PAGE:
She is entitled to all of it.
by Lisa Y. Henderson
Doe on the demise of Mary Ann Jones v. William Norfleet, 52 NC 473 (1860).
This ejectment action was tried in Edgecombe County Superior Court.
The plaintiff, “a colored woman,” claims title to a parcel of land under the 1860 will of Henry S. Lloyd, which contains the following clause: “I give and devise to Mary Ann Jones, a free colored woman, of the said town of Tarborough, and to her heirs and assigns forever, the lot of ground and the house thereon erected in the said town, on which she now lives.”
William Norfleet, Lloyd’s executor, having been directed to sell all of Lloyd’s real estate in Tarboro, except that specifically devised, took possession of lot 118, insisting that lot only 107 passed to Jones.
The two lots, totaling about an acre, adjoin each other and are enclosed by one fence, except nine or ten feet of lot 118 at the upper end, which has a steep descent. There has never been a dividing line between the lots, which are situated “in the suburbs” of Tarboro.
In 1856, before the lots were enclosed, Lloyd built an ice house on lot 118, at a cost of some 800 dollars, for storing ice for a tavern in which he had one-half ownership. The lots were surrounded by a board fence in 1857, and the same year Lloyd built Jones a house on lot 107. She moved in immediately and resided there at the time of the suit. In the spring of 1859, Jones enclosed a small portion of the ground for a garden. There is a smokehouse on lot 107, built when the house was built, and, on lot 118, a small privy. In 1858, Lloyd built a rough cabin with a small garden for an aged slave. Jones had the use of the rest of both lots for the purpose of cultivation.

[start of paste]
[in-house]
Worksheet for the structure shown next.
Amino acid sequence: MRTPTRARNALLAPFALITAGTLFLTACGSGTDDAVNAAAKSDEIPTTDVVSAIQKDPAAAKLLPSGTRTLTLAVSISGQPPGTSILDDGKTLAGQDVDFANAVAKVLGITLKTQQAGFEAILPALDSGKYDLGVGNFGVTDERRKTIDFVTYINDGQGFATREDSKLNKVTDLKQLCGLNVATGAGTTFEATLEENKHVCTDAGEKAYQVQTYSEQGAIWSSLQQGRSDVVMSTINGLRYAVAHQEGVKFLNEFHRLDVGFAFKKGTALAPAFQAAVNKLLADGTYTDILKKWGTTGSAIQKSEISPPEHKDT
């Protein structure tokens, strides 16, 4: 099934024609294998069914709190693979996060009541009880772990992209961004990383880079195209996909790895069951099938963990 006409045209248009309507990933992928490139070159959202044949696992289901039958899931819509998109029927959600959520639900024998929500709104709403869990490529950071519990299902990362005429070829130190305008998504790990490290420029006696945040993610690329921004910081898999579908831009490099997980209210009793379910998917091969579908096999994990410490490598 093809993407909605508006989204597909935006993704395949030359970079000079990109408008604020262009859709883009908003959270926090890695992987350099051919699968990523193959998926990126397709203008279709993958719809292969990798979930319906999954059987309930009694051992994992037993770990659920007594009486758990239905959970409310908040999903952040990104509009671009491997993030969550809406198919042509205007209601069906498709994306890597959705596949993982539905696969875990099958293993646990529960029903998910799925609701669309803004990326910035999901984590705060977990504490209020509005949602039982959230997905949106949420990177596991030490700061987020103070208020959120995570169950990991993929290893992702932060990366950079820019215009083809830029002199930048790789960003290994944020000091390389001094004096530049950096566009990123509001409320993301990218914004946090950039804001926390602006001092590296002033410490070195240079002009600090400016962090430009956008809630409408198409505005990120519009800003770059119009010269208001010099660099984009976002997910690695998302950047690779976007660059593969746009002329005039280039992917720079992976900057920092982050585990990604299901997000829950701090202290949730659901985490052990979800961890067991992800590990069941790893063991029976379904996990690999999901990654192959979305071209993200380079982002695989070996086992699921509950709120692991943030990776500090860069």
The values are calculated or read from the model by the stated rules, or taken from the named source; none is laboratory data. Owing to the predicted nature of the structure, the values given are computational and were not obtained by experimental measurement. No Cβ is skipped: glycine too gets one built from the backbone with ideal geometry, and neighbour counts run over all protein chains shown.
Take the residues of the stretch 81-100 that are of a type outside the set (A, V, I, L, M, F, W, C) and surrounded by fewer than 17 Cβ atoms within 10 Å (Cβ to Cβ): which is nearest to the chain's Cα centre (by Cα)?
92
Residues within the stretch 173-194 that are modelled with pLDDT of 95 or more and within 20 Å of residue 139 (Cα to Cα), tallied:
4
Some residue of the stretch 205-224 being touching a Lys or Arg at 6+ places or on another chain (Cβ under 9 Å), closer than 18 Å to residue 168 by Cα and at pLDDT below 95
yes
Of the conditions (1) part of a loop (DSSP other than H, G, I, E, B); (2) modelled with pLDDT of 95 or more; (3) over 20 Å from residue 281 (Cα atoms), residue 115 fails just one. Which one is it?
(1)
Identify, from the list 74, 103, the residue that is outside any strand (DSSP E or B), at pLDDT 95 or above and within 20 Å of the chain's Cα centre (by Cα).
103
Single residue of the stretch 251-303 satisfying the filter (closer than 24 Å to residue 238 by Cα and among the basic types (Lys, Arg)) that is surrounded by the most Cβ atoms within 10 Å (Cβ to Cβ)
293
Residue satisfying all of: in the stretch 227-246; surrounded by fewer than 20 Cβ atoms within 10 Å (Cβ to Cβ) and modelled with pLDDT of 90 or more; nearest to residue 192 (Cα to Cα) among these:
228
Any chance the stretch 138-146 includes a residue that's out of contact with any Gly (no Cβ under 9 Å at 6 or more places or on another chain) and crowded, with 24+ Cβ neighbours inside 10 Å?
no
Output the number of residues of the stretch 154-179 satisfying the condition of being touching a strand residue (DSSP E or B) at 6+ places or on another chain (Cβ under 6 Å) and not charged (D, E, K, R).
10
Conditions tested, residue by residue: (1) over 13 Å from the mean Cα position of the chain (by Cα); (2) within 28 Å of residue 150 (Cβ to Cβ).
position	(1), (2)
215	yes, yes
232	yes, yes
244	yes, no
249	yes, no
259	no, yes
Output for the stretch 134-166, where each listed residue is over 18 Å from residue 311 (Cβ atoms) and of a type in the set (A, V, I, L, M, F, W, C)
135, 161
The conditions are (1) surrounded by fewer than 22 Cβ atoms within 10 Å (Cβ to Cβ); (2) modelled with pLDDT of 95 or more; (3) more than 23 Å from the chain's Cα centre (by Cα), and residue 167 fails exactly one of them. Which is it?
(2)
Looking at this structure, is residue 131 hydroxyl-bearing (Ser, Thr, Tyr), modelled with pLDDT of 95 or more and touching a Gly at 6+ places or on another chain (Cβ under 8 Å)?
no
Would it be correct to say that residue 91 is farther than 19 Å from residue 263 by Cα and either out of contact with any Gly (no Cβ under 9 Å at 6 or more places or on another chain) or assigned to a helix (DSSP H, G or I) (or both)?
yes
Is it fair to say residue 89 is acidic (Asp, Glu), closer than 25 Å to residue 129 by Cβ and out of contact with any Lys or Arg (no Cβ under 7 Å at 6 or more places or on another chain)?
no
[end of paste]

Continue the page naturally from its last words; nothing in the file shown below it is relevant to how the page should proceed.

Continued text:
Tarboro’s town plan shows lots fifty yards square, and according to such measurement, part of Jones’ garden and the privy are situated on 118. Lloyd bought both lots from the same person at the same time. He lived near them and frequently saw them, but it is unknown whether he knew where the line between them would run.
The Superior Court judge ruled that Jones was entitled to both lots, and Norfleet appealed.
“A testator, owning a parcel of land embracing two town lots, on which he had settled a woman, having built her a dwelling on one lot and an outhouse on the other, and permitted her to inclose a garden, partly on each lot, and to use the whole parcel inclosed within one fence, devised to her ‘the lot of ground and house thereon erected in the said town where she now lives.’ The facts are distinctly and clearly stated, and after duly considering them, in connection with the language of the will, we are of opinion that the entire parcel of ground, embracing lots 107 and 118, passed under the devise, except such portions as had been appropriated by the devisor to the ice-house and to the cabin and garden of the old slave.” Judgment affirmed.
[…] Henry C. Cherry married Mary Jones in Edgecombe County on 14 March 1861, about a year after the death of Henry Lloyd, the white man […]
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